Matching Items (1)

136253-Thumbnail Image.png

The Effect of VEGF-ECM Crosstalk on Neural Stem Cell Behavior

Description

The endogenous response of neural stem cell/progenitor (NPSC) recruitment to the brain injury environment following a traumatic brain injury (TBI) is currently under heavy investigation. Mechanisms controlling NPSC proliferation and

The endogenous response of neural stem cell/progenitor (NPSC) recruitment to the brain injury environment following a traumatic brain injury (TBI) is currently under heavy investigation. Mechanisms controlling NPSC proliferation and migration to the brain injury environment remain unclear; however, it is thought that the vascular extracellular matrix proteins (e.g. laminin, fibronectin, and vitronectin) and vascular endothelial growth factor (VEGF) play a role in mediating NPSC behavior through vasophillic interactions. This project attempts to uncover potential VEGF-ECM crosstalk in mediating migration and proliferation. To investigate migration, neurospheres were seeded on ECM-coated wells supplemented with VEGF and without VEGF, and neural outgrowth was measured at days 0, 1, 3, and 8 using differential interference contrast microscopy. Furthermore, single-cell NPSCs were seeded on ECM-coated Transwell membranes with VEGF supplemented media on one side and without VEGF to look at chemotactic migration. Migrated NPSCs were visualized with DAPI nuclear stain and imaged with an inverted fluorescent microscope. To investigate NPSC proliferation, NPSCs were seeded on ECM coated plates as in the radial migration assay and visualized with EdU on day 8. Total proliferation was measured by seeding NPSCs on ECM coated 96-well plates and incubating them with MTT on days 3 and 6. Proliferation was measured using a spectrophotometer at 630nm and 570nm wavelengths. It was found that VEGF-laminin crosstalk synergistically increased radial migration, but may not play a role in chemotactic migration. Understanding the mechanisms behind VEGF-laminin crosstalk in NPSC proliferation and migration may provide crucial information for the design of stem cell transplantation therapies in the future.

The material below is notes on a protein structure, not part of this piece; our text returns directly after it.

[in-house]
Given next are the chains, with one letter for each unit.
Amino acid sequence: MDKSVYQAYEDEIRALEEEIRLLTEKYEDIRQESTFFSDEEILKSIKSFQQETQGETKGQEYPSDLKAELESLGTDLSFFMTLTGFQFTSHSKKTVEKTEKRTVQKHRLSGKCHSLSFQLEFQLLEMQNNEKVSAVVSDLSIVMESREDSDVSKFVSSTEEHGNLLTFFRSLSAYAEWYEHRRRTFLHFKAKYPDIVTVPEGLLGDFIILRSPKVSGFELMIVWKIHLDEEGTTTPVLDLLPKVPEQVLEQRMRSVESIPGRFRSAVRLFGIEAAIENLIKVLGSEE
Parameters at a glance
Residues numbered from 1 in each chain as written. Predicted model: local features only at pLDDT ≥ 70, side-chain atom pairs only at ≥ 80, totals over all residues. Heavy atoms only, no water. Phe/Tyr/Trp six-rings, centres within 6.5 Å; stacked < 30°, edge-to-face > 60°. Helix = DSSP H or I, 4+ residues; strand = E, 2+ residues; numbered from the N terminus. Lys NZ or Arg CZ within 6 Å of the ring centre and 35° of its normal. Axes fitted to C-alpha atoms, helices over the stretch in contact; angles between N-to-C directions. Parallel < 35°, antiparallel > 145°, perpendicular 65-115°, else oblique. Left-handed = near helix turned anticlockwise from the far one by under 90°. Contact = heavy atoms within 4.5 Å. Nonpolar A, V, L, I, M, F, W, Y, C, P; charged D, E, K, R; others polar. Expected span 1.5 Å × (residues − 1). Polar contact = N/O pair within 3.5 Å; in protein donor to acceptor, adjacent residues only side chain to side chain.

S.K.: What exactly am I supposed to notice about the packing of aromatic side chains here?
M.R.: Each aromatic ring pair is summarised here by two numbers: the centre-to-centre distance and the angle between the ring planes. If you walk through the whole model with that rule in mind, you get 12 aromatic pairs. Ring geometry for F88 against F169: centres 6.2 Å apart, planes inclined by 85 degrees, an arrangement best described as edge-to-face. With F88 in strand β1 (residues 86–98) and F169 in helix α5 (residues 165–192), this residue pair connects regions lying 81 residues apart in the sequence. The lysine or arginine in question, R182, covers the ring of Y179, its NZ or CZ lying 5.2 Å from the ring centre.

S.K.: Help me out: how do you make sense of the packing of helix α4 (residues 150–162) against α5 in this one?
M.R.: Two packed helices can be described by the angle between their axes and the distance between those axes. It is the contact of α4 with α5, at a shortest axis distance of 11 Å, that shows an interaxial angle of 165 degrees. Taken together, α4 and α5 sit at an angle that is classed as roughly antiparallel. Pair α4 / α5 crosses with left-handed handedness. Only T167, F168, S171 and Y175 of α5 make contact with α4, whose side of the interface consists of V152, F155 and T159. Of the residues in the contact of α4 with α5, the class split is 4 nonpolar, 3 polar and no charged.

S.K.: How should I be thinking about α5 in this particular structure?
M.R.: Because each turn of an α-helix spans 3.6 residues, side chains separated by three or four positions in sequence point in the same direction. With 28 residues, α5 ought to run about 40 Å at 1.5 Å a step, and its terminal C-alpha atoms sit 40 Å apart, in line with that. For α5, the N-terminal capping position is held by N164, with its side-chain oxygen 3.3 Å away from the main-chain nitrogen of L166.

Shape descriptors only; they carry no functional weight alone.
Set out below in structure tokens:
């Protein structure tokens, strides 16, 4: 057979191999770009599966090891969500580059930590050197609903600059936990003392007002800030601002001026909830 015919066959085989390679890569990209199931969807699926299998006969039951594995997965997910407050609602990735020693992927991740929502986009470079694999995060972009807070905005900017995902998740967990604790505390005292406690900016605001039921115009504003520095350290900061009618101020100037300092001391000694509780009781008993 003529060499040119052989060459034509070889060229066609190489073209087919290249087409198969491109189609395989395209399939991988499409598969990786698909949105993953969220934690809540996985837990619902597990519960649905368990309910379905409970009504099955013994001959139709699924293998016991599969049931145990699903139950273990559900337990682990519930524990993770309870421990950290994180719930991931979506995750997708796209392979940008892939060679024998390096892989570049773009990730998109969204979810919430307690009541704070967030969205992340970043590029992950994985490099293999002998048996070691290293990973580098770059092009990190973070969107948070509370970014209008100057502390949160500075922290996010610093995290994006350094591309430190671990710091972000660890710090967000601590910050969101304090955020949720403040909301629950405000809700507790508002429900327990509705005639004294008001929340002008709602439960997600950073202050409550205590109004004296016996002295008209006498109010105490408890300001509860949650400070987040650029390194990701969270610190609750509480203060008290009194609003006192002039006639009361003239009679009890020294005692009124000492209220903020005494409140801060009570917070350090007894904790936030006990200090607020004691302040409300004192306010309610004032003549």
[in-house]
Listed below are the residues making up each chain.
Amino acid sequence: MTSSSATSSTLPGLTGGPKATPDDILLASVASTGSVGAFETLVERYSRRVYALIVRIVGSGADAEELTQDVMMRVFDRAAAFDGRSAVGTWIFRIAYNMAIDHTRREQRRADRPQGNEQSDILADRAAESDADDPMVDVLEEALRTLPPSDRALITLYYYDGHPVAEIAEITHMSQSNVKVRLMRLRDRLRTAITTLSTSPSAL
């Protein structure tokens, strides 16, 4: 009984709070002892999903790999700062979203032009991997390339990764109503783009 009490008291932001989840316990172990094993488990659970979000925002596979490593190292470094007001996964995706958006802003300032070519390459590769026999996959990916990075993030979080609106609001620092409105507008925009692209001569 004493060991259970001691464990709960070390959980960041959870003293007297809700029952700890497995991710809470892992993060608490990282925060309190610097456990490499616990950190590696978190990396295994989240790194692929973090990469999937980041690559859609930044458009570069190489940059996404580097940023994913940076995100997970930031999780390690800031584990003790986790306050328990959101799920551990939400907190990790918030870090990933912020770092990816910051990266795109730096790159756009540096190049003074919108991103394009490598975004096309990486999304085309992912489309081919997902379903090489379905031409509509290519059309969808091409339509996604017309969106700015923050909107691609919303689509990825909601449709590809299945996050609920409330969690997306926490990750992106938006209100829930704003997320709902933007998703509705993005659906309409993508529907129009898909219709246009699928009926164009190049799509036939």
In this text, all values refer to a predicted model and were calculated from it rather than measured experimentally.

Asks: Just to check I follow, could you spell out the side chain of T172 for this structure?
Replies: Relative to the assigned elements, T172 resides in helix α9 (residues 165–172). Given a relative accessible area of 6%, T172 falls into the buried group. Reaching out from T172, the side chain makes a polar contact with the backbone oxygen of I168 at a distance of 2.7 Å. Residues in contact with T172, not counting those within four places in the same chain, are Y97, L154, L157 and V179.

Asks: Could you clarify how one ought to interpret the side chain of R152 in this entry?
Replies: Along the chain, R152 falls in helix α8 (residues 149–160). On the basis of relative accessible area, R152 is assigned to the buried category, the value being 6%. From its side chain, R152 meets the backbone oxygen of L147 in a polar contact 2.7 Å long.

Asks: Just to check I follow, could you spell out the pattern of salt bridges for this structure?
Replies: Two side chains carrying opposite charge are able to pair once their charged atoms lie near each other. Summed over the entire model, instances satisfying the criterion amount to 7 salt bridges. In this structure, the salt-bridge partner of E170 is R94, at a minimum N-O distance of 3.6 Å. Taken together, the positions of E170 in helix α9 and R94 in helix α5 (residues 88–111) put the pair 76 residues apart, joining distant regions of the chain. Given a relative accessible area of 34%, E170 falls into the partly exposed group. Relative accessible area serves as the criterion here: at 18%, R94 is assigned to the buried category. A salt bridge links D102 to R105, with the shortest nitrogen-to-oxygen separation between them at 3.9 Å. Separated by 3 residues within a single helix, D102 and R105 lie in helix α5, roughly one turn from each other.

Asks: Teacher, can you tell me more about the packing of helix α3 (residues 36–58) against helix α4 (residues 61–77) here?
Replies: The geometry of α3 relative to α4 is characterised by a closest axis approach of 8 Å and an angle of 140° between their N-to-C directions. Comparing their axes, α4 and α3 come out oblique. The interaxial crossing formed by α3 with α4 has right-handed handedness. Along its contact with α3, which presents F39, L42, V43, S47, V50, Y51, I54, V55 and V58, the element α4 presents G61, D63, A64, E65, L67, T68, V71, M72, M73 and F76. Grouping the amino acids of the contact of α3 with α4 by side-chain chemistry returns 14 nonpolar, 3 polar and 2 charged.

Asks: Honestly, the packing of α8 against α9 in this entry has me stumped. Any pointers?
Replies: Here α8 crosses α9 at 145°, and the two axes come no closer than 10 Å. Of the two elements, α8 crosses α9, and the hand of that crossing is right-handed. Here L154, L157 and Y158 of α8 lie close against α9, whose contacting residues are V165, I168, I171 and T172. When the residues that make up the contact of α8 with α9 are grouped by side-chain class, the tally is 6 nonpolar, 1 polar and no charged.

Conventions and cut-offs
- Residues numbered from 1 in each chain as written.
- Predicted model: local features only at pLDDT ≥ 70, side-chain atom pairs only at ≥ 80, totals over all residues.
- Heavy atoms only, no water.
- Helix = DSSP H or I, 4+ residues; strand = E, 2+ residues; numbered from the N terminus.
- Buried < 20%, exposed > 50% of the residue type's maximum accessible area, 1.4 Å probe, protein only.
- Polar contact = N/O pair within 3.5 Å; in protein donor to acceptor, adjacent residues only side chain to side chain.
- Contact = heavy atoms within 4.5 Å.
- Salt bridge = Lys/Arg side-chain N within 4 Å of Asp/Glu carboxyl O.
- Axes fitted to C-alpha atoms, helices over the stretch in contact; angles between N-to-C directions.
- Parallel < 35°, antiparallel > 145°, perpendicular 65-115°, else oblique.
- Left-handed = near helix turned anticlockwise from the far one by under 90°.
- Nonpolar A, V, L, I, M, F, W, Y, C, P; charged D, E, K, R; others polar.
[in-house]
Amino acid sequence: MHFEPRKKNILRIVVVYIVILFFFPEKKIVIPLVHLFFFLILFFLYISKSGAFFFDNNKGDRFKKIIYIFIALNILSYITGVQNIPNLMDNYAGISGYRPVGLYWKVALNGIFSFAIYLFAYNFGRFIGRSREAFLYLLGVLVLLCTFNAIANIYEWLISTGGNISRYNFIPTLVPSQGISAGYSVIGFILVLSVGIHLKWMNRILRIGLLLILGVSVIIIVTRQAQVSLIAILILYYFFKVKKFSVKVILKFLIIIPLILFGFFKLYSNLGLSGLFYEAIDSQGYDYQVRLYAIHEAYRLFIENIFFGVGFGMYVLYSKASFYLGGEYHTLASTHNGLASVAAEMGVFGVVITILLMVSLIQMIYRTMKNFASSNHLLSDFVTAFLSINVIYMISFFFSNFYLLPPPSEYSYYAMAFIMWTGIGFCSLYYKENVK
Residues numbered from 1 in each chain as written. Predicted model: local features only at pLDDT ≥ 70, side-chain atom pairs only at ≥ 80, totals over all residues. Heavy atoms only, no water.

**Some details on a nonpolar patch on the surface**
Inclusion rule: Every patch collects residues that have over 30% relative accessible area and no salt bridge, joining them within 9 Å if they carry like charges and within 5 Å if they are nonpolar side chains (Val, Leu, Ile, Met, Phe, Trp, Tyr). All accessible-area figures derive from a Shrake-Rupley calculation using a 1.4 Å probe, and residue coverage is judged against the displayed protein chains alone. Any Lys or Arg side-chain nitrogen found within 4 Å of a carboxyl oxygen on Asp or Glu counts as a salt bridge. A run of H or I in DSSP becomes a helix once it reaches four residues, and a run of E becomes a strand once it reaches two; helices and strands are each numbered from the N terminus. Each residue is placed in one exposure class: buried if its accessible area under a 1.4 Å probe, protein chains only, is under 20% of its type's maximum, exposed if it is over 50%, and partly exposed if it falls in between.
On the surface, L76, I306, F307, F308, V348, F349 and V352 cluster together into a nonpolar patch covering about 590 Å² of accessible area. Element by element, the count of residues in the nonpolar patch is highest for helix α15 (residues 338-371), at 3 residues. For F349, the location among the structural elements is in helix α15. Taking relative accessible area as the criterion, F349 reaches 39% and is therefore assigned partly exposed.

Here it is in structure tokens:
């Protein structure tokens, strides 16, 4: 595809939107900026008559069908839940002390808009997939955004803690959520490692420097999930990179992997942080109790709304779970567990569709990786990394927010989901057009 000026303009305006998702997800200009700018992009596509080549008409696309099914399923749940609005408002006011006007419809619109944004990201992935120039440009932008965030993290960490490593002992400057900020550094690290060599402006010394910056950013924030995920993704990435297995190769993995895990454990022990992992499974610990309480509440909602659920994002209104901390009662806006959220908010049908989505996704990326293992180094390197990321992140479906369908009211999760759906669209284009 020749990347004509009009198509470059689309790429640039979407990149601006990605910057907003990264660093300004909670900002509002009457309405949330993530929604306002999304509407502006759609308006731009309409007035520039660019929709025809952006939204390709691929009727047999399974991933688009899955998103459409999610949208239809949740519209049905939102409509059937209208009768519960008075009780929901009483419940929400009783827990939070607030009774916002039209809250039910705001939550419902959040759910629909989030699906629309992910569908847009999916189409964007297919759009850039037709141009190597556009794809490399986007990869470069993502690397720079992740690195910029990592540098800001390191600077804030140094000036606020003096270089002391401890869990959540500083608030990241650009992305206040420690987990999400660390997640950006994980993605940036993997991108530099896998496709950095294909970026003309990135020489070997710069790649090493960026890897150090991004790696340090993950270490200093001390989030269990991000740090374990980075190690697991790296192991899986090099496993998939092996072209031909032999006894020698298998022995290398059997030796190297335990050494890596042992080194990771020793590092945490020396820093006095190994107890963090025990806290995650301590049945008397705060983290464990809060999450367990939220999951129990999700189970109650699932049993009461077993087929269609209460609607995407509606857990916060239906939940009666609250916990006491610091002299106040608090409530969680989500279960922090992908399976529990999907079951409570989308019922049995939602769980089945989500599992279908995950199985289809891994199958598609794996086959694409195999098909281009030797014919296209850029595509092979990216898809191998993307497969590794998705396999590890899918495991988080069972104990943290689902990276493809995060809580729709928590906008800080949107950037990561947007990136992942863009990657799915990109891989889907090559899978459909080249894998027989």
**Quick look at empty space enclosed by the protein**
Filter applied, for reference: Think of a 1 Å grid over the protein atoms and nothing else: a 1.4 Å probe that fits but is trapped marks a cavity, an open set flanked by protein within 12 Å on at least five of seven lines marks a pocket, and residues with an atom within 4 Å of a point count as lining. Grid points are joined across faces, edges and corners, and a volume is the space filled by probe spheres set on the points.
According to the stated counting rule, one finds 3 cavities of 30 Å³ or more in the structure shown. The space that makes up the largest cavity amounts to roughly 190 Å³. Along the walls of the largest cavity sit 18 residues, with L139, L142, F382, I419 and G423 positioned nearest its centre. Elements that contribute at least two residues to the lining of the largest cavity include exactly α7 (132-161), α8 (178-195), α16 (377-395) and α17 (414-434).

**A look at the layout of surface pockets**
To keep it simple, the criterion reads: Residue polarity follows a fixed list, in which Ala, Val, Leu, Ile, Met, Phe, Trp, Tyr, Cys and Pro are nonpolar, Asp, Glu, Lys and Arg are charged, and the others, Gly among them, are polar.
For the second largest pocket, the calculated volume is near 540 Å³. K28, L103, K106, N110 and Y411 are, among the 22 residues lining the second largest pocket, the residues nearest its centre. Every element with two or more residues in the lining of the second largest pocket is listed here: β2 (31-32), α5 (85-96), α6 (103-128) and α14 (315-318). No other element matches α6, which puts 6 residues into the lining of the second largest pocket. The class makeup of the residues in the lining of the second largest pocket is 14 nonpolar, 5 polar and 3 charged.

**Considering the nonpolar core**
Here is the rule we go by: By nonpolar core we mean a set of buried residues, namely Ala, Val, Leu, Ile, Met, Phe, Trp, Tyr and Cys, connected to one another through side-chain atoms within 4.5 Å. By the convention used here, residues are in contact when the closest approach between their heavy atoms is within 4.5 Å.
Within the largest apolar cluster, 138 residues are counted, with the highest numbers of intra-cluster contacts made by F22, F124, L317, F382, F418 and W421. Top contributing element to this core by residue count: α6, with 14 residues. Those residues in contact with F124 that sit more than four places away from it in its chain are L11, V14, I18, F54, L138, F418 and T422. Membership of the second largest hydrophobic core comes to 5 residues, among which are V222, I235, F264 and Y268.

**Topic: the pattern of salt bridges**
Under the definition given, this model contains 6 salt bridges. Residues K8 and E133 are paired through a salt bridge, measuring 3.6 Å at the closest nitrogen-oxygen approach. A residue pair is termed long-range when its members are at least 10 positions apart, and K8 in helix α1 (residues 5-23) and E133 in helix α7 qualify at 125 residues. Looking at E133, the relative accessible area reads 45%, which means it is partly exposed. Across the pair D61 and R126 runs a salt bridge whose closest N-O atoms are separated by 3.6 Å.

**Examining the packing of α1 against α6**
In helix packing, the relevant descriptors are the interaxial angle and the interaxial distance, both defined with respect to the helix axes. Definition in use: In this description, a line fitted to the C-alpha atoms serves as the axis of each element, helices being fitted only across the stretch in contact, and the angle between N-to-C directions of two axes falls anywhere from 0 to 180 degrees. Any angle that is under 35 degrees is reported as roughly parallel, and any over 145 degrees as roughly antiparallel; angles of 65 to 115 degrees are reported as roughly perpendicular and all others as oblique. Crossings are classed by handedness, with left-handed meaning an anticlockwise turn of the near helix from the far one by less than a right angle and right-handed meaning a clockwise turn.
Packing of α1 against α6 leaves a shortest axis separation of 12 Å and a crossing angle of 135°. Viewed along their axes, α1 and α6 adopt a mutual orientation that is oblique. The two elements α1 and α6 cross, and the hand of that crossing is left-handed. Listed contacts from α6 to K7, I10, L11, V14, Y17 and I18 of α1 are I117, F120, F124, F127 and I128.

Contributors

Agent

Created

Date Created
  • 2015-05